how often does einstein checkpoint workunits?

cIclops
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Topic 187811

(i see this has been asked before, but i'll ask again as the board seems to have been restructured)

my system crashed and einstein resumed at about 45% after it had finished around 65% of the work unit. there seems to be no message log of either the crash or from previous processing, so i'm unable to provide more information.

how often does einstein checkpoint workunits?

einstein 4.79
BOINC 4.19
Win98SE
Credit still 0

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Rytis
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how often does einstein checkpoint workunits?

> how often does einstein checkpoint workunits?

Einstein checkpoints every time BOINC lets to do so, unlike in Predictor or CPDN. You should check the prefs under "write to disk at most xx seconds" - that might be set too high and therefore preventing Einstein to checkpoint.


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cIclops
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> > how often does einstein

Message 3961 in response to message 3960

> > how often does einstein checkpoint workunits?
>
> Einstein checkpoints every time BOINC lets to do so, unlike in Predictor or
> CPDN. You should check the prefs under "write to disk at most xx seconds" -
> that might be set too high and therefore preventing Einstein to checkpoint.
>
my setting is once every 60 seconds (the default?) ... and i see there is a boinc file called client_state.xml that is updated every minute, however it didn't rollback, bug?

any comment about the lack of a message log file?

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Bernd Machenschalk
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The App writes two temp files

The App writes two temp files during two stages of the analysis (0-49.5%,49.5-99%). It writes checkpoints as you specified in the preferences. However it checks the temp files when it is resumed. I think it happened that during the crash the second file got corrupted, so the App decided to repeat the calculation.

BM

BM

cIclops
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> The App writes two temp

Message 3963 in response to message 3962

> The App writes two temp files during two stages of the analysis
> (0-49.5%,49.5-99%). It writes checkpoints as you specified in the preferences.
> However it checks the temp files when it is resumed. I think it happened that
> during the crash the second file got corrupted, so the App decided to repeat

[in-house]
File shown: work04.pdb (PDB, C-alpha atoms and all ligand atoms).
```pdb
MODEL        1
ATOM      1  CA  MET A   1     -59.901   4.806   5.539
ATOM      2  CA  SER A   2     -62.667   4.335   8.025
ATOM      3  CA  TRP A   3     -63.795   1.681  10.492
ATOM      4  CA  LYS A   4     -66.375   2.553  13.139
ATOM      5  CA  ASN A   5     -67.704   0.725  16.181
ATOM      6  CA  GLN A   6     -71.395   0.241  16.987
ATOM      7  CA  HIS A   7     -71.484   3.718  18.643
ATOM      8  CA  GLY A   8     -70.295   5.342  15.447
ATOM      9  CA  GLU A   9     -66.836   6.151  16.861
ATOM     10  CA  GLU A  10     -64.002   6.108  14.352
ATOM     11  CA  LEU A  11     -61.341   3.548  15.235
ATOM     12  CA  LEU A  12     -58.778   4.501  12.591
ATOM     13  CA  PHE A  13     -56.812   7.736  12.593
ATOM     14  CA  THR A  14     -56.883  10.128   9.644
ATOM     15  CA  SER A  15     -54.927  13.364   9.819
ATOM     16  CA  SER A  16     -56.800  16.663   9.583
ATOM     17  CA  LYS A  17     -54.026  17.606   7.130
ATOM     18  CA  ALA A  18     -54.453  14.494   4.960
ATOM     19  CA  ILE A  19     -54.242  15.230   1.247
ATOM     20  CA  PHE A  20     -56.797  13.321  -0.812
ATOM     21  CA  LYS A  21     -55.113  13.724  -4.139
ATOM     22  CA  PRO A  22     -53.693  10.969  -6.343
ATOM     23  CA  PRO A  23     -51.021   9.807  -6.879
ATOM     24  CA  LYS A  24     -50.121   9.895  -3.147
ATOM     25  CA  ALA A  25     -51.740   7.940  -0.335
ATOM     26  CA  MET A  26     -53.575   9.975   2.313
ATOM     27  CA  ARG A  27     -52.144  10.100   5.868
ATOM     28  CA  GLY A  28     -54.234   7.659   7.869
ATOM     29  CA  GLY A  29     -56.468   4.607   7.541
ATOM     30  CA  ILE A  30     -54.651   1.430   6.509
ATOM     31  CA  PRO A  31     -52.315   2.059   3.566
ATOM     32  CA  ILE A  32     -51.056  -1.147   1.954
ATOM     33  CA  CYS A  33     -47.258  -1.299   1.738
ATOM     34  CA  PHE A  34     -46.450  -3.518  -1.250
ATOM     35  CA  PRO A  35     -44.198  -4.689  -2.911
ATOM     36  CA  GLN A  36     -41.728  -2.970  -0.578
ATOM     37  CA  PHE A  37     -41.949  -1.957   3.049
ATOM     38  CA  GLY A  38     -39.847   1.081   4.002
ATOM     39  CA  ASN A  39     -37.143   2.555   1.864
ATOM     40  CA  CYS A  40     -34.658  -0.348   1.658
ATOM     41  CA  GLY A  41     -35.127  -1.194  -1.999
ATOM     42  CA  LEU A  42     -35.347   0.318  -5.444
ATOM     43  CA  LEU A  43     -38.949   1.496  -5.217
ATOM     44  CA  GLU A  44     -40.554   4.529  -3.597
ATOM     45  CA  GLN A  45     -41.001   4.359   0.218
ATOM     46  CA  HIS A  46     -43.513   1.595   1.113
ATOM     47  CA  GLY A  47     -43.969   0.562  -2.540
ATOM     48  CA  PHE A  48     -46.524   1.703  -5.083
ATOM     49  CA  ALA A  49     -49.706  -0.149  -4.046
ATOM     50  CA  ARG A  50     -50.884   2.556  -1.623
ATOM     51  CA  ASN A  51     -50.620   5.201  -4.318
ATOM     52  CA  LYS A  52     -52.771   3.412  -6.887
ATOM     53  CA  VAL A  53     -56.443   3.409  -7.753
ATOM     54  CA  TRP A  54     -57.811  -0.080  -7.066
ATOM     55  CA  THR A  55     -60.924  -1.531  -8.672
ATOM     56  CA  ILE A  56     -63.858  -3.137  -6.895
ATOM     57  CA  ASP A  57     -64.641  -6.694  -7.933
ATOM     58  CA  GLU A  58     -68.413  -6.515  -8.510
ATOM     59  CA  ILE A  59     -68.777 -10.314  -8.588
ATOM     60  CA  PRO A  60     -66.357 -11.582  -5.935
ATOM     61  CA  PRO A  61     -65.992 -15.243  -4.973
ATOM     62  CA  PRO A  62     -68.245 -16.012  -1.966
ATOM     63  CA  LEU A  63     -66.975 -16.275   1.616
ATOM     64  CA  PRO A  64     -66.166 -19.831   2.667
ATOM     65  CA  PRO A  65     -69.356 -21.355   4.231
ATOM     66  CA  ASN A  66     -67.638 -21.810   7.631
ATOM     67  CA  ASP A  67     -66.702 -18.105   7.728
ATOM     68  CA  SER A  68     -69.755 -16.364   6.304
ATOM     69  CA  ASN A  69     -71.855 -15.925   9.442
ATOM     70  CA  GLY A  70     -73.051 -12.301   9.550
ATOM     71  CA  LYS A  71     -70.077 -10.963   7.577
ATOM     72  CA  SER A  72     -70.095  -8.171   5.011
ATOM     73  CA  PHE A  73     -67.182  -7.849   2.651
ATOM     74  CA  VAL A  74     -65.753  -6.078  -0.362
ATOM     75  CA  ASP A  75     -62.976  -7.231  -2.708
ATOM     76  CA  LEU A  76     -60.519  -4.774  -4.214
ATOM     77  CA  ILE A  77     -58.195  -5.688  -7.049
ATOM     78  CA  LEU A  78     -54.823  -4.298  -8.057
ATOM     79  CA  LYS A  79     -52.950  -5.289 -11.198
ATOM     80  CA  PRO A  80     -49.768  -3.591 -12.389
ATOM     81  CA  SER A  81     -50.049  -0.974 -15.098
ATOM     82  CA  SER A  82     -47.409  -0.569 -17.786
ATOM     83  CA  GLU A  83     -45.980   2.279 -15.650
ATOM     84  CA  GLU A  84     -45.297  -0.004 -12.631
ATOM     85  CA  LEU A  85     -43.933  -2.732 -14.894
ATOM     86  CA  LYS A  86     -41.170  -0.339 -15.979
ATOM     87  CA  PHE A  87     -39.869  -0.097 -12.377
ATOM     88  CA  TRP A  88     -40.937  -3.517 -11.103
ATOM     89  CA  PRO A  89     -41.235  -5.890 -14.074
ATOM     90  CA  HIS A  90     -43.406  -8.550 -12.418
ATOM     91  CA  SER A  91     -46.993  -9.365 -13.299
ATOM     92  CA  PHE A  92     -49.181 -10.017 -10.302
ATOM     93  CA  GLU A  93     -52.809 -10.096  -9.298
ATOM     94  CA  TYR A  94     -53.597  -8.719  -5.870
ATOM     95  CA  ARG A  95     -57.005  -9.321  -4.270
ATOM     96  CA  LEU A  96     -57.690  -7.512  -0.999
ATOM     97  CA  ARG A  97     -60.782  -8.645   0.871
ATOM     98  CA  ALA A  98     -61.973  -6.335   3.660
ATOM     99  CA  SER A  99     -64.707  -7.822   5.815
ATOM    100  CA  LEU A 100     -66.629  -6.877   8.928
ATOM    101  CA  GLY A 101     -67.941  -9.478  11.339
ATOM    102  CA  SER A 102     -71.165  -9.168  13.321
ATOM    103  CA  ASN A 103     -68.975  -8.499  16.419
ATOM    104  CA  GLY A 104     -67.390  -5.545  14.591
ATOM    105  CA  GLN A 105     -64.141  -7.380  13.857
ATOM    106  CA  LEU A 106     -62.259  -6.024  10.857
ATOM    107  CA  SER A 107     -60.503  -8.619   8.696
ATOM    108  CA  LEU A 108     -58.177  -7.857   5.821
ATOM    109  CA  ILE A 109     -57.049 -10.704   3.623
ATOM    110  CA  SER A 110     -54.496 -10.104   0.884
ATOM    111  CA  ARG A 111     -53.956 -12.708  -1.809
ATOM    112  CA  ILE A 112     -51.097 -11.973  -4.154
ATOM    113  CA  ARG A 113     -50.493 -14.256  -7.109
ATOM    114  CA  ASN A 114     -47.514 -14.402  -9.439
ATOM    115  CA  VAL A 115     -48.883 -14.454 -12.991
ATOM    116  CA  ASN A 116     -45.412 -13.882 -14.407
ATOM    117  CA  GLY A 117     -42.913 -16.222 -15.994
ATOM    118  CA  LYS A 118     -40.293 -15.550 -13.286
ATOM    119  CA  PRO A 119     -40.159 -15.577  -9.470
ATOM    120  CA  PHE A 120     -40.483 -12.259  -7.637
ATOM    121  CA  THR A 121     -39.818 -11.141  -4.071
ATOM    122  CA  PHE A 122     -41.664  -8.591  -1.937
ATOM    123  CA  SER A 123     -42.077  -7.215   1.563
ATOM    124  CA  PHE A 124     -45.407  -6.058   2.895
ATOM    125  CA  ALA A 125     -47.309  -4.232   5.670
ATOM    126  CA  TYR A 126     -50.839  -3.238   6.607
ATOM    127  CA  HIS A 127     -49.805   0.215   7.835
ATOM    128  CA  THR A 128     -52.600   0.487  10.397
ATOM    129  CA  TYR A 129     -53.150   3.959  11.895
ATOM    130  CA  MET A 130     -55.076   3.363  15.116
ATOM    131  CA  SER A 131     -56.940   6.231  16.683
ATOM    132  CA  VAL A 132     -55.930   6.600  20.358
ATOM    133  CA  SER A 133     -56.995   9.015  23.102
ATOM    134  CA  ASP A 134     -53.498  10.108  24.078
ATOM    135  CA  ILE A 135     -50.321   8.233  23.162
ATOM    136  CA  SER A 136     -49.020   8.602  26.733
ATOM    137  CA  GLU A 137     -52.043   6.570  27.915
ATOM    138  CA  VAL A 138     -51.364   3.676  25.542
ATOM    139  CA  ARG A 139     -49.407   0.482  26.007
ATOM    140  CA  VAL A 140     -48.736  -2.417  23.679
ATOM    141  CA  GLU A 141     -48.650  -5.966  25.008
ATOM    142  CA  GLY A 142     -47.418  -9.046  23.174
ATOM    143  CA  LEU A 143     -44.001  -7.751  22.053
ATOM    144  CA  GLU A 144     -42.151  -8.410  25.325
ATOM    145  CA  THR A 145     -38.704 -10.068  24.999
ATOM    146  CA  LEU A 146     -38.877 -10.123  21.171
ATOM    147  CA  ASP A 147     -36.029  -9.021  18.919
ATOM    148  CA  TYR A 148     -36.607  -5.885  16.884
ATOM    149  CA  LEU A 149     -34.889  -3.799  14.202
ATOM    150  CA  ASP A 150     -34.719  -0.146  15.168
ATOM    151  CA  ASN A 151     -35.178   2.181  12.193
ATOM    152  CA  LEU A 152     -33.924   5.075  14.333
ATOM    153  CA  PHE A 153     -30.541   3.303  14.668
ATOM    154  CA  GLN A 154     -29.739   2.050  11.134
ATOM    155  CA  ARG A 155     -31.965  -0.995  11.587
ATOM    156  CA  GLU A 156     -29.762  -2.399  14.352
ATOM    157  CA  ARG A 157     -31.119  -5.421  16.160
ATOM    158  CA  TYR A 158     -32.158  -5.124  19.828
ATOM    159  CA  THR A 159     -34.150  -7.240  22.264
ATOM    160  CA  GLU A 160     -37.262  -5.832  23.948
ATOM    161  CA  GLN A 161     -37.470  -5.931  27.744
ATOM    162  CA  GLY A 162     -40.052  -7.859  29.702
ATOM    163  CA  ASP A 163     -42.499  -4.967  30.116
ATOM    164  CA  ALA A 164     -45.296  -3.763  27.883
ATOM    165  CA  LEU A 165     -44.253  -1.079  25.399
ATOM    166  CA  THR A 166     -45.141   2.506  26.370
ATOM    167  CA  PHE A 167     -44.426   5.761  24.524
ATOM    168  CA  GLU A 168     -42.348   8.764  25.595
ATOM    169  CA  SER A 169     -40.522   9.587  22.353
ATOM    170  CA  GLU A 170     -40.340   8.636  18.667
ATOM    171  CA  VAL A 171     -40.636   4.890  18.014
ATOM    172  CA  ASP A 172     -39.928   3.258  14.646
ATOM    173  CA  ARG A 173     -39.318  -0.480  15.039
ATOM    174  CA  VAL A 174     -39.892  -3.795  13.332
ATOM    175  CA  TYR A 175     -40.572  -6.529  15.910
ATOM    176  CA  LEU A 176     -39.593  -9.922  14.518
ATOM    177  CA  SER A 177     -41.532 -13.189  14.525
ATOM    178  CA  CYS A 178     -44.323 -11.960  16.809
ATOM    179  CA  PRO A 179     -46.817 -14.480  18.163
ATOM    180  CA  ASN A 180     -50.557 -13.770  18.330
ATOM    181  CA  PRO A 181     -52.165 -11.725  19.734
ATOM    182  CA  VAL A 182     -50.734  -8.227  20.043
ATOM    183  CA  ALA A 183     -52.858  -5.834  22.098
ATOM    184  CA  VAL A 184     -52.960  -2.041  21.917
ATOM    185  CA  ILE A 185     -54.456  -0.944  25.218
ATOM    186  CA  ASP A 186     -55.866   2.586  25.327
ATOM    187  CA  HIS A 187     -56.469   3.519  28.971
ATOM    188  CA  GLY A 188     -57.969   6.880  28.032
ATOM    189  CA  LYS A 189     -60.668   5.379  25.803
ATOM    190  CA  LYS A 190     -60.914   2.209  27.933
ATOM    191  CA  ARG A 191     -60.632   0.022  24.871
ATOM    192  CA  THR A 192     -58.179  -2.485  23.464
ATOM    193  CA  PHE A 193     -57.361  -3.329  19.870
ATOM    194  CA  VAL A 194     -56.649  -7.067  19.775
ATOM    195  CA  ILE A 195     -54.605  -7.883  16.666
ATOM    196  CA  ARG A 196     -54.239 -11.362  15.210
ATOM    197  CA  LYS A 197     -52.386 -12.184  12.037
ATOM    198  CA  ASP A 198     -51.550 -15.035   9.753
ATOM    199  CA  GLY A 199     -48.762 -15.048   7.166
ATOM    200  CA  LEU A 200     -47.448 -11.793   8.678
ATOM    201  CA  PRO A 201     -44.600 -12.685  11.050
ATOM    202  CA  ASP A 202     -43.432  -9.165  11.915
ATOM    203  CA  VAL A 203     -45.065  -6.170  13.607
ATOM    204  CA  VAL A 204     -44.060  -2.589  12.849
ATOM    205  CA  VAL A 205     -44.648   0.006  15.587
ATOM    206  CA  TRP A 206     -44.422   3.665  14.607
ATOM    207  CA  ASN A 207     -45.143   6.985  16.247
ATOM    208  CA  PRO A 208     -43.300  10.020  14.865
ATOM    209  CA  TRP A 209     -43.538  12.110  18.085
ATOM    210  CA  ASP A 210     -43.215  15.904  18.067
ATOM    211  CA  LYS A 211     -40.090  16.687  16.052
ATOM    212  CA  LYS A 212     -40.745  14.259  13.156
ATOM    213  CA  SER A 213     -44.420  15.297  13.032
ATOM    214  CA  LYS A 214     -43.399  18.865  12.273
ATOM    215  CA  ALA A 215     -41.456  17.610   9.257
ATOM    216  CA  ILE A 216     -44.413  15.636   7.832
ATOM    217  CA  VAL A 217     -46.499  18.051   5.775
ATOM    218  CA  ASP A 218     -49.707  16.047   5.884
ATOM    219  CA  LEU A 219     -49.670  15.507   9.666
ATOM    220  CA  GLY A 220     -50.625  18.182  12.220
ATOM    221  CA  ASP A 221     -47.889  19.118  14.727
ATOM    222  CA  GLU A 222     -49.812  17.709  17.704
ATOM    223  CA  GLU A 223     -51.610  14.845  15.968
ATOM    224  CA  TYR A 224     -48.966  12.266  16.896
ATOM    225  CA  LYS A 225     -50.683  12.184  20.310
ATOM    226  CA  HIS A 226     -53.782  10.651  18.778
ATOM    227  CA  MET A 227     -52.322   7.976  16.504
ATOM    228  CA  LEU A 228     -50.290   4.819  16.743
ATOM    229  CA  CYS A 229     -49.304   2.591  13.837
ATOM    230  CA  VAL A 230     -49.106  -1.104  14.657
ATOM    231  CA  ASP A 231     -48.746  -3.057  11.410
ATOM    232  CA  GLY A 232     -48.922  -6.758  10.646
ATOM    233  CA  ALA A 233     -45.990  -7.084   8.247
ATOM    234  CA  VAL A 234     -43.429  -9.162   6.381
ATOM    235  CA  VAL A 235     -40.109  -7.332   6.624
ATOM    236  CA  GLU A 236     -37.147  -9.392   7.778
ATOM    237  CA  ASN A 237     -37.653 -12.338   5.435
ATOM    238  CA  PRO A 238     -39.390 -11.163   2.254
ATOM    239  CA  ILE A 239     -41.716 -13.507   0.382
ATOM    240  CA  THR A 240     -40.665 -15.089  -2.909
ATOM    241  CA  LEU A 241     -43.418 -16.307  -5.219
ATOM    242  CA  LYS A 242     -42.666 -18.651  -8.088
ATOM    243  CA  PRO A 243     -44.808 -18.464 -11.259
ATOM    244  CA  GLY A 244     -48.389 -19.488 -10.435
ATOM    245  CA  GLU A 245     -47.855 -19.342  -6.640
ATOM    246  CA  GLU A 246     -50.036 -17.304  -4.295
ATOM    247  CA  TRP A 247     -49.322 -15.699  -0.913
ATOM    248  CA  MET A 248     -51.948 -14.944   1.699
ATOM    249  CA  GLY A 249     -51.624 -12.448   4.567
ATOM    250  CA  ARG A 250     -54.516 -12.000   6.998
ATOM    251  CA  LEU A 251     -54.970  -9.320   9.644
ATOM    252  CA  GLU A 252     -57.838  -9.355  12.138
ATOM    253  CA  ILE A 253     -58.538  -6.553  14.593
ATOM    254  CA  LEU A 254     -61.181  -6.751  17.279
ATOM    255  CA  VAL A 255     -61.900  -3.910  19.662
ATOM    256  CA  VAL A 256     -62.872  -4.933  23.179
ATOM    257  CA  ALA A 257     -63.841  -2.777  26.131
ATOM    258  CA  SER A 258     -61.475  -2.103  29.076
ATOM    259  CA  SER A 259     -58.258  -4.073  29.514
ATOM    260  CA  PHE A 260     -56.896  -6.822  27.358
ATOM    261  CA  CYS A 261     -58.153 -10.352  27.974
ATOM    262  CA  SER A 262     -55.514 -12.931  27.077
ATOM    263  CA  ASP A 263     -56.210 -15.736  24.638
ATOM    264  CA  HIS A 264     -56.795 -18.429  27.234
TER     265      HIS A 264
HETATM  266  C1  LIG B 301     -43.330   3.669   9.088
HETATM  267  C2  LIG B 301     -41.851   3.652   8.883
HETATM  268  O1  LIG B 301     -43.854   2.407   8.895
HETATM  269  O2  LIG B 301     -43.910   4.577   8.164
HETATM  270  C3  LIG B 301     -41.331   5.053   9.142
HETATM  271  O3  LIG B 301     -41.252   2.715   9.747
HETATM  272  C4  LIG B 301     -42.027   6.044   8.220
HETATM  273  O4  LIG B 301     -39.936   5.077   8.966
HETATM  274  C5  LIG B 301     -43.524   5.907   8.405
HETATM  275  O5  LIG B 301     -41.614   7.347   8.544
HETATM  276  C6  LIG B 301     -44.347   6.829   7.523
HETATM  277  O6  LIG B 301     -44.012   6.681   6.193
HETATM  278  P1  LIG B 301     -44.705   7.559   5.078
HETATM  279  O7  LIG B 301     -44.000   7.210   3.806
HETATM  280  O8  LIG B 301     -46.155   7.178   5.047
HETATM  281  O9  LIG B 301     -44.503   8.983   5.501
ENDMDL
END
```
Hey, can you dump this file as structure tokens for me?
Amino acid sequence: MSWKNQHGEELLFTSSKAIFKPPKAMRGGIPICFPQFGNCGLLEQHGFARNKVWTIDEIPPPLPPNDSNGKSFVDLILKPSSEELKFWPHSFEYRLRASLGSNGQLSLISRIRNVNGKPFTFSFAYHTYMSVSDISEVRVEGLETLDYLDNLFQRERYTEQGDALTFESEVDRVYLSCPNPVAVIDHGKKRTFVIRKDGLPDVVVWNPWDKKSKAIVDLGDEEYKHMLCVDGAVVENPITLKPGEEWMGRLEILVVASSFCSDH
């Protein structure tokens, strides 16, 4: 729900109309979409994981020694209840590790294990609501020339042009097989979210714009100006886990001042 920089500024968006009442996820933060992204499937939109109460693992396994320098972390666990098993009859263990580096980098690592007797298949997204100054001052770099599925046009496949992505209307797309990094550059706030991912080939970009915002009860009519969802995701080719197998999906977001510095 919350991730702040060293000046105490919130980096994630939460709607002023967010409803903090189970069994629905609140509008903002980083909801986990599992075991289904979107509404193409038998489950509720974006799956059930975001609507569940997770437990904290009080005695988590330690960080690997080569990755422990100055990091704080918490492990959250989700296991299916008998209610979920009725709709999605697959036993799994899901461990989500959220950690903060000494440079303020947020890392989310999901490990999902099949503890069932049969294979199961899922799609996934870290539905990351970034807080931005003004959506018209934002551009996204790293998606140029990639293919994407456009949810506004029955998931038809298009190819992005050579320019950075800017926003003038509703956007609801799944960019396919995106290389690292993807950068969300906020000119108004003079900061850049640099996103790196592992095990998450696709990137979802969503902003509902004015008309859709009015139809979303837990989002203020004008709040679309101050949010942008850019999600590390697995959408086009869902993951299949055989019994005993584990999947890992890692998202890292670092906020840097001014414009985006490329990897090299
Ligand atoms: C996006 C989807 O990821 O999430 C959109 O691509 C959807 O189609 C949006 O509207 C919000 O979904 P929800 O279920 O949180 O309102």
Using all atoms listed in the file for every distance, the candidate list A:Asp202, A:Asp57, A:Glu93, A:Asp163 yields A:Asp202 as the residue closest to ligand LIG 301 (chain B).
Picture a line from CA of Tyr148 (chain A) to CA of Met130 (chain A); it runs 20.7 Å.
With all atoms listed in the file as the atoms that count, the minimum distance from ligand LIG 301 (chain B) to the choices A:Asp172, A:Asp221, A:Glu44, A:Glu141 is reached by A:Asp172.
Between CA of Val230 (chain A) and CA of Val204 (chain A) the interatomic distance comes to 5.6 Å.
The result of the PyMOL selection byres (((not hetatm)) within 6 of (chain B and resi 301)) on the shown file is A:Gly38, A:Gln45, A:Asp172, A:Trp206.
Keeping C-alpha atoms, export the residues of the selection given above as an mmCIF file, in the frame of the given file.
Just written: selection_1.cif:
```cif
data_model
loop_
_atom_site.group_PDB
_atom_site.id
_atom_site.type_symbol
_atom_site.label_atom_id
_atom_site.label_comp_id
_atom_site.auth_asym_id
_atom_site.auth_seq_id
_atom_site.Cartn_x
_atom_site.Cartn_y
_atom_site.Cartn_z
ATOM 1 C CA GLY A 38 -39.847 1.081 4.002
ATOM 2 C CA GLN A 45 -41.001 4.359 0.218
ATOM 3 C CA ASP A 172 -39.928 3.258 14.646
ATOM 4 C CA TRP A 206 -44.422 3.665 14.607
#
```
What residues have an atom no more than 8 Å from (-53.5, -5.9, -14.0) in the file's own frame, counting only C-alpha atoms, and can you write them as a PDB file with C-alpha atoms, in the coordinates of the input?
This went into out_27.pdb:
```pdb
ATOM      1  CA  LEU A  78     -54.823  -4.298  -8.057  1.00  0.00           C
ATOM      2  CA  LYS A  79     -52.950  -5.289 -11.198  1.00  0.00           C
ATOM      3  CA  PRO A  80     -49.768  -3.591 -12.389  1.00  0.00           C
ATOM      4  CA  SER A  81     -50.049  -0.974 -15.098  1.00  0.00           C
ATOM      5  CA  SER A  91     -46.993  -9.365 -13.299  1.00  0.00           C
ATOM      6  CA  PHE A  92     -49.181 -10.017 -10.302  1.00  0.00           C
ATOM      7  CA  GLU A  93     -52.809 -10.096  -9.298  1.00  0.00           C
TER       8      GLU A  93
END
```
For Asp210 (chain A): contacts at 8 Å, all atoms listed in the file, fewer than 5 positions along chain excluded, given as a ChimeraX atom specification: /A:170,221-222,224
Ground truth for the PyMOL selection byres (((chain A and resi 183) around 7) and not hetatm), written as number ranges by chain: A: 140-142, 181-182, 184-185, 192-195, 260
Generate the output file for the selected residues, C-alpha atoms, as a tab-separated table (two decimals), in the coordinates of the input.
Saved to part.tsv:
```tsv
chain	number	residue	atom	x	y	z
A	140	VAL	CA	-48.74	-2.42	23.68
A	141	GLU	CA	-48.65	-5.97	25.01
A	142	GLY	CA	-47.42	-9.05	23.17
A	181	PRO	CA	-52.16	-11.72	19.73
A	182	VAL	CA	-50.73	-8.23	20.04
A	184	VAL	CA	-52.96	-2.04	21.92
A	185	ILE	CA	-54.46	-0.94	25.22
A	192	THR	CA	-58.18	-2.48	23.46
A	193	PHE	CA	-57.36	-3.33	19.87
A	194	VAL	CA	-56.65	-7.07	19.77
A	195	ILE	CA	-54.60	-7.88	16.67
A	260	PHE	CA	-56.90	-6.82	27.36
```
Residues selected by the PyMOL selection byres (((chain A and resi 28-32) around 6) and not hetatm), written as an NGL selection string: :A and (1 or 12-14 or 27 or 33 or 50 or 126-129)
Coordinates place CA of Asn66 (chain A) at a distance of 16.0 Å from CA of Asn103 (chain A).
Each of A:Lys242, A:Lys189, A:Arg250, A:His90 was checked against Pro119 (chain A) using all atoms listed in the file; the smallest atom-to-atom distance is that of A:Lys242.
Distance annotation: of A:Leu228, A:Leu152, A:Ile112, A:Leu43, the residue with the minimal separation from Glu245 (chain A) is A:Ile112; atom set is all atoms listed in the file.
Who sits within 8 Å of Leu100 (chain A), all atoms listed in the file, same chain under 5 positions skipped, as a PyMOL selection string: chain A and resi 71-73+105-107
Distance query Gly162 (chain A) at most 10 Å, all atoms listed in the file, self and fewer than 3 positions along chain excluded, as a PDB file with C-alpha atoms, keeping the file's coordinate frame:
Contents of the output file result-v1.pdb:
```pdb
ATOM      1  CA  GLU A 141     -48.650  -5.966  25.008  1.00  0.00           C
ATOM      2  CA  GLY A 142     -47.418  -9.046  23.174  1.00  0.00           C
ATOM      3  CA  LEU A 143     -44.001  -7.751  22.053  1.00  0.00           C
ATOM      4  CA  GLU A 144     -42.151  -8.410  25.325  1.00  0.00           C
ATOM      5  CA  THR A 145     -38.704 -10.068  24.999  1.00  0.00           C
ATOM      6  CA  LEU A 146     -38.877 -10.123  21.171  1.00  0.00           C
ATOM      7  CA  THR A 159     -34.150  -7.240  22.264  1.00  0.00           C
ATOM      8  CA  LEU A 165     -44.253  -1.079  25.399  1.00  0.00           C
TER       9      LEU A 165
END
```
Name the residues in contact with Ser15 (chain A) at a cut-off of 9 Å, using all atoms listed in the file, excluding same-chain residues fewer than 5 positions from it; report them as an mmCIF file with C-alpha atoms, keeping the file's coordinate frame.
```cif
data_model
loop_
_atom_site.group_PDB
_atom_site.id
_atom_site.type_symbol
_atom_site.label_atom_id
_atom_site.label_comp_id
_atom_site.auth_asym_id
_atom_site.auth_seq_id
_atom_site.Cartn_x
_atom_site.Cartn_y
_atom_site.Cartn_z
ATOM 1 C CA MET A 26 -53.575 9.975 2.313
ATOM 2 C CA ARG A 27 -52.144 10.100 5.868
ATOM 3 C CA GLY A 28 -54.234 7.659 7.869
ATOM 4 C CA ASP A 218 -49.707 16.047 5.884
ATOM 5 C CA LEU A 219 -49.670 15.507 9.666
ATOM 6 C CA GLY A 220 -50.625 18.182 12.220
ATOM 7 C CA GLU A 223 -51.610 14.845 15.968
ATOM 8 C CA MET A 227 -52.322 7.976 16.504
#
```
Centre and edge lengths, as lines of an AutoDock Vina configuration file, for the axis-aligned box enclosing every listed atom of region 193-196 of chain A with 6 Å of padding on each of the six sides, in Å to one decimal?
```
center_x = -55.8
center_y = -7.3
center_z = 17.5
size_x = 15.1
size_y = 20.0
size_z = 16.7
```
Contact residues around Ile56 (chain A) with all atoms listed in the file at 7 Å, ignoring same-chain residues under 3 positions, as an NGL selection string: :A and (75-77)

> the calculation.

yes that would explain it. perhaps the temp files should be written more often, especially for those of us with slower processors.

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Bernd Machenschalk
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> yes that would explain it.

Message 3964 in response to message 3963

> yes that would explain it. perhaps the temp files should be written more
> often, especially for those of us with slower processors.

They are written more or less continously (though not more often than the checkpoints). The "problem", if any, is that they are not closed until they have been fully written. This isn't a problem as long as the processes on that machine are properly shut down. When, however, the machine crashes severely or someone pulls the plug and the OS hasn't time to properly terminate the running processes, the file _might_ get damaged, just like other files of other running applications.

BM

BM

Walt Gribben
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> > yes that would explain

Message 3965 in response to message 3964

> > yes that would explain it. perhaps the temp files should be written more
> > often, especially for those of us with slower processors.
>
> They are written more or less continously (though not more often than the
> checkpoints). The "problem", if any, is that they are not closed until they
> have been fully written. This isn't a problem as long as the processes on that
> machine are properly shut down. When, however, the machine crashes severely or
> someone pulls the plug and the OS hasn't time to properly terminate the
> running processes, the file _might_ get damaged, just like other files of
> other running applications.
>
> BM